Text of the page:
Book Review: Bird Box (Josh Malerman)



Reports on the news speak of people going insane; they are becoming viciously violent, killing themselves and others.   First people assume it’s a hoax, but as they become more frequent and impossible to ignore. Something is out there. Something is making this happen. Five years later, Malorie is alive with two young children. They cannot open their eyes; the children have never seen anything outside of their small, abandoned house.   Malorie needs to travel to safety, it’s their only hope, but to do so, they must travel.

They mustn’t open their eyes.

They must listen carefully.

They don’t know what’s out there…

Bird Box by Josh Malerman is one of the most intense and terrifying reads I have read this year.    This one is going to be extremely hard to review; I have so many things to say and so many things I want to discuss but I want to give nothing away! One thing that I can say is that this book is completely laced with tension. The entire time I was reading I was feeling sick to my stomach and anxious; I couldn’t turn the pages fast enough. Malerman does an amazing job at creating a world filled with suspense and uncertainty.

The novel opens with Malorie, experiencing the beginning of some breaking news stories.   People are experiencing bouts of insanity and violence. First, people ignore this, but then as the stories come closer together and begin to appear closer to home, it is taken more seriously. Rumours fly that the insanity comes after people “see” something. They don’t know what it is. People begin covering their windows and Malory discovers she is pregnant.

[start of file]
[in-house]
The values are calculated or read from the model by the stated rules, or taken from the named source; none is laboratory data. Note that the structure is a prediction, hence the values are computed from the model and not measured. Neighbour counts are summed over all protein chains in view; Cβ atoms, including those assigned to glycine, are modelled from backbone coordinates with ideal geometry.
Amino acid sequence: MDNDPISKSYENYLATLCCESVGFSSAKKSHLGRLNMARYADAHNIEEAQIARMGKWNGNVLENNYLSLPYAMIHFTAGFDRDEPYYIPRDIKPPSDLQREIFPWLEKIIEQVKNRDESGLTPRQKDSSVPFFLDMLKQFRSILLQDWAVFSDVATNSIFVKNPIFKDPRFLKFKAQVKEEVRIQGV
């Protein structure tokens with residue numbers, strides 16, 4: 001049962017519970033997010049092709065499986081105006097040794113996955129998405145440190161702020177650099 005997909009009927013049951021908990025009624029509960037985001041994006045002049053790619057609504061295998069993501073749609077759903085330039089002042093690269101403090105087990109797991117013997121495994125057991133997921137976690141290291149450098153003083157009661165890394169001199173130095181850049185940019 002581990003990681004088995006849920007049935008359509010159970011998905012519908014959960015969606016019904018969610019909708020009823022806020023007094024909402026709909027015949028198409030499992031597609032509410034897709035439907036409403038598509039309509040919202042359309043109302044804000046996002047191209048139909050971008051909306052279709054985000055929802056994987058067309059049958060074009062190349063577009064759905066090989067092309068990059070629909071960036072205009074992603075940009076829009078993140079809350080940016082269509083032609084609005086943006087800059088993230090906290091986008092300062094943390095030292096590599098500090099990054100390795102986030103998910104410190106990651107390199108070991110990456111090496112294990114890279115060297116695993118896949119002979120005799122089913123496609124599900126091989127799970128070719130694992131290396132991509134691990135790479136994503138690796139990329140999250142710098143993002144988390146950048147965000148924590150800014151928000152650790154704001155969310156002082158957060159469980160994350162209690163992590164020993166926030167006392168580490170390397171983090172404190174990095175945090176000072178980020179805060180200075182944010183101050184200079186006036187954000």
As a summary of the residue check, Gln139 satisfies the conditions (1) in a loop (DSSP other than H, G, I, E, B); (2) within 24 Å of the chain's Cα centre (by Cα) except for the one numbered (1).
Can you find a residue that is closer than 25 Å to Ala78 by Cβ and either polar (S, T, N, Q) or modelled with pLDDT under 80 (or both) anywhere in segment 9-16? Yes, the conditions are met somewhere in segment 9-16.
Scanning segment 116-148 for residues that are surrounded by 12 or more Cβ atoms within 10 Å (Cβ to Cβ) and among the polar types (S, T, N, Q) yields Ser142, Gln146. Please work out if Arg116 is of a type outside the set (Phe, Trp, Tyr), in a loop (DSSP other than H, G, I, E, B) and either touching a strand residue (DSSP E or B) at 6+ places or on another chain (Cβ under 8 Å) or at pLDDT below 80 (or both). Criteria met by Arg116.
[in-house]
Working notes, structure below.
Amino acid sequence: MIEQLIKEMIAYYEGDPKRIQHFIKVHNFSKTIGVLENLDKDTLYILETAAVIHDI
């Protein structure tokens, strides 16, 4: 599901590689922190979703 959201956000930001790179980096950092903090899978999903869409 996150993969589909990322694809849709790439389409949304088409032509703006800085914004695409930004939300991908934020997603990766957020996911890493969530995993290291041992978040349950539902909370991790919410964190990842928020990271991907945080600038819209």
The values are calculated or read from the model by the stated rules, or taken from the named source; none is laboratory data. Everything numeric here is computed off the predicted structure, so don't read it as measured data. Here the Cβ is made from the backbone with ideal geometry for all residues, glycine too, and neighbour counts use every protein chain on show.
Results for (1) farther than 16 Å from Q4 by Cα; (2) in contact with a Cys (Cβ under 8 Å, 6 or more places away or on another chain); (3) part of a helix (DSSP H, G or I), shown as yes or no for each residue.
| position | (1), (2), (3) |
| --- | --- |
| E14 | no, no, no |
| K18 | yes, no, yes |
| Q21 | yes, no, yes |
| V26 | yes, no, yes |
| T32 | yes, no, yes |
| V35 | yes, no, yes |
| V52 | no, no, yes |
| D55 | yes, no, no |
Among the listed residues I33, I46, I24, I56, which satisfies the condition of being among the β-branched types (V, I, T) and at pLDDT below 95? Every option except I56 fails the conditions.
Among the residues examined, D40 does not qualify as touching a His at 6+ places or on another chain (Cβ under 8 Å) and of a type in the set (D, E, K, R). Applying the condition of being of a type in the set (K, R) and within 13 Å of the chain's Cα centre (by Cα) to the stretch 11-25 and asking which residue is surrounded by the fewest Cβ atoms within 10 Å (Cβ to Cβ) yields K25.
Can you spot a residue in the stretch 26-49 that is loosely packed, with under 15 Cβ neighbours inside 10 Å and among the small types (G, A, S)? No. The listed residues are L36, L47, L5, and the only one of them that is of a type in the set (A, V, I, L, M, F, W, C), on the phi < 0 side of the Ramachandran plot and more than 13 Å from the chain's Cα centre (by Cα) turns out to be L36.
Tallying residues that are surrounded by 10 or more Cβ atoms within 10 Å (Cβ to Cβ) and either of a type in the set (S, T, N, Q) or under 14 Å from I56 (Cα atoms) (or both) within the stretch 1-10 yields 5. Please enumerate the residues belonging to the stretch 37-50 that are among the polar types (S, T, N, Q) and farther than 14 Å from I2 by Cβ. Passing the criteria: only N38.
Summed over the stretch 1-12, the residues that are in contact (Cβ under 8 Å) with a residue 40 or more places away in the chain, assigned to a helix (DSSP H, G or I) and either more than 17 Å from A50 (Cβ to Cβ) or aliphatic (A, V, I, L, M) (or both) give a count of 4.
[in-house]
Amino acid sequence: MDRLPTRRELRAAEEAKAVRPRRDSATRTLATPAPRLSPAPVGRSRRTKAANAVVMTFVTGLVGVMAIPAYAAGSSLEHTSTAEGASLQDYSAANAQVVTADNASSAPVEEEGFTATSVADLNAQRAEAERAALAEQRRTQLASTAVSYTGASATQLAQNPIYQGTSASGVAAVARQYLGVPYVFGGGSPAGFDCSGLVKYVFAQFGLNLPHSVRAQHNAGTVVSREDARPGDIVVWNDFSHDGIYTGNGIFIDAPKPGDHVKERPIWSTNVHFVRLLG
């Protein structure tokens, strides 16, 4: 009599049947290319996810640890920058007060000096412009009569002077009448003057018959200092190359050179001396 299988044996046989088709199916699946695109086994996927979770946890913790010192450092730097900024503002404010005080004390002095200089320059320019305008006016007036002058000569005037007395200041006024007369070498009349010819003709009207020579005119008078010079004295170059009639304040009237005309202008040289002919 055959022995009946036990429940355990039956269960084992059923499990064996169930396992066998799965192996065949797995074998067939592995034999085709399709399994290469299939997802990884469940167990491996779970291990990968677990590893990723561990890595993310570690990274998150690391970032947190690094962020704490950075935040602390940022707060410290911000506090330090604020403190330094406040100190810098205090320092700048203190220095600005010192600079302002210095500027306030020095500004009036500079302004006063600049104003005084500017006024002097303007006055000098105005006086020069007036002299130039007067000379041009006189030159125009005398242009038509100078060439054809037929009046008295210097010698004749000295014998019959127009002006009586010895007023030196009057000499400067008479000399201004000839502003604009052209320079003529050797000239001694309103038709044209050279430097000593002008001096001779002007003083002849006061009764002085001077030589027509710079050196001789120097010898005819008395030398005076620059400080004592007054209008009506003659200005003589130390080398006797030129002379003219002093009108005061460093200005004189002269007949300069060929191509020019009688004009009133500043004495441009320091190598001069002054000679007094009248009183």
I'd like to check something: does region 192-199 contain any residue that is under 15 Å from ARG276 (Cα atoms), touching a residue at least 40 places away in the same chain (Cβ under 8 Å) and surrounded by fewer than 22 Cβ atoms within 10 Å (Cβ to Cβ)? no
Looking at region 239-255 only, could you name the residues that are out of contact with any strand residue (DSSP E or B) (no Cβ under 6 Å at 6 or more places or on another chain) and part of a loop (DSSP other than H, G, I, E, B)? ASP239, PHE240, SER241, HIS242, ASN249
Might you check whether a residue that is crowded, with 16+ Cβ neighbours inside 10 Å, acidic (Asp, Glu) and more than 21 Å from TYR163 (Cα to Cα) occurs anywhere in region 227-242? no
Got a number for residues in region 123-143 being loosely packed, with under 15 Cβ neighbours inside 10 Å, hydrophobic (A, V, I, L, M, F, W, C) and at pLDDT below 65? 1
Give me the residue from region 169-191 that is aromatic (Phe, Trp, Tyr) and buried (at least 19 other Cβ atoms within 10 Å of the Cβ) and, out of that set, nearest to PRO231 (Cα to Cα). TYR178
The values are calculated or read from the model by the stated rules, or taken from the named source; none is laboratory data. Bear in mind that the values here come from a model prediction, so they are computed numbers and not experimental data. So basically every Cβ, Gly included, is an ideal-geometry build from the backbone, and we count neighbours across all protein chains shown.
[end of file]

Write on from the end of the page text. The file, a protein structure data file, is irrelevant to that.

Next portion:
The novel is told mainly through flashbacks, speaking of what happens to Malorie and what happens as this post-apocalyptic type world is the norm, and then in present time, following Malorie as she tries to escape.    This type of narration was fascinating.   I loved piecing together the story and seeing how everything unfolded.

Malerman’s writing is brilliant. What he chooses to disclose and what remains unsaid adds to the tension in the story.   Fear of the dark is something that everyone can relate to; your mind play tricks on you, you hear things that don’t exist, your brain runs rampant.  The concept of this book was completely original.

Now I must say, I was a little disappointed in the ending, and from what I can tell; this was a fairly common feeling from others who read this book. Personally, for me, it wasn’t because it was a bad ending, it just wasn’t what I was expecting.   I wanted more of a resolution I think, but truly, with the tone of the novel, the ending did work.

Regardless of my feelings about the ending, I cannot deny that this novel was amazing and I think everyone needs to read it.



9 thoughts on “Book Review: Bird Box (Josh Malerman)

  1. Pingback: Reading Bingo 2016

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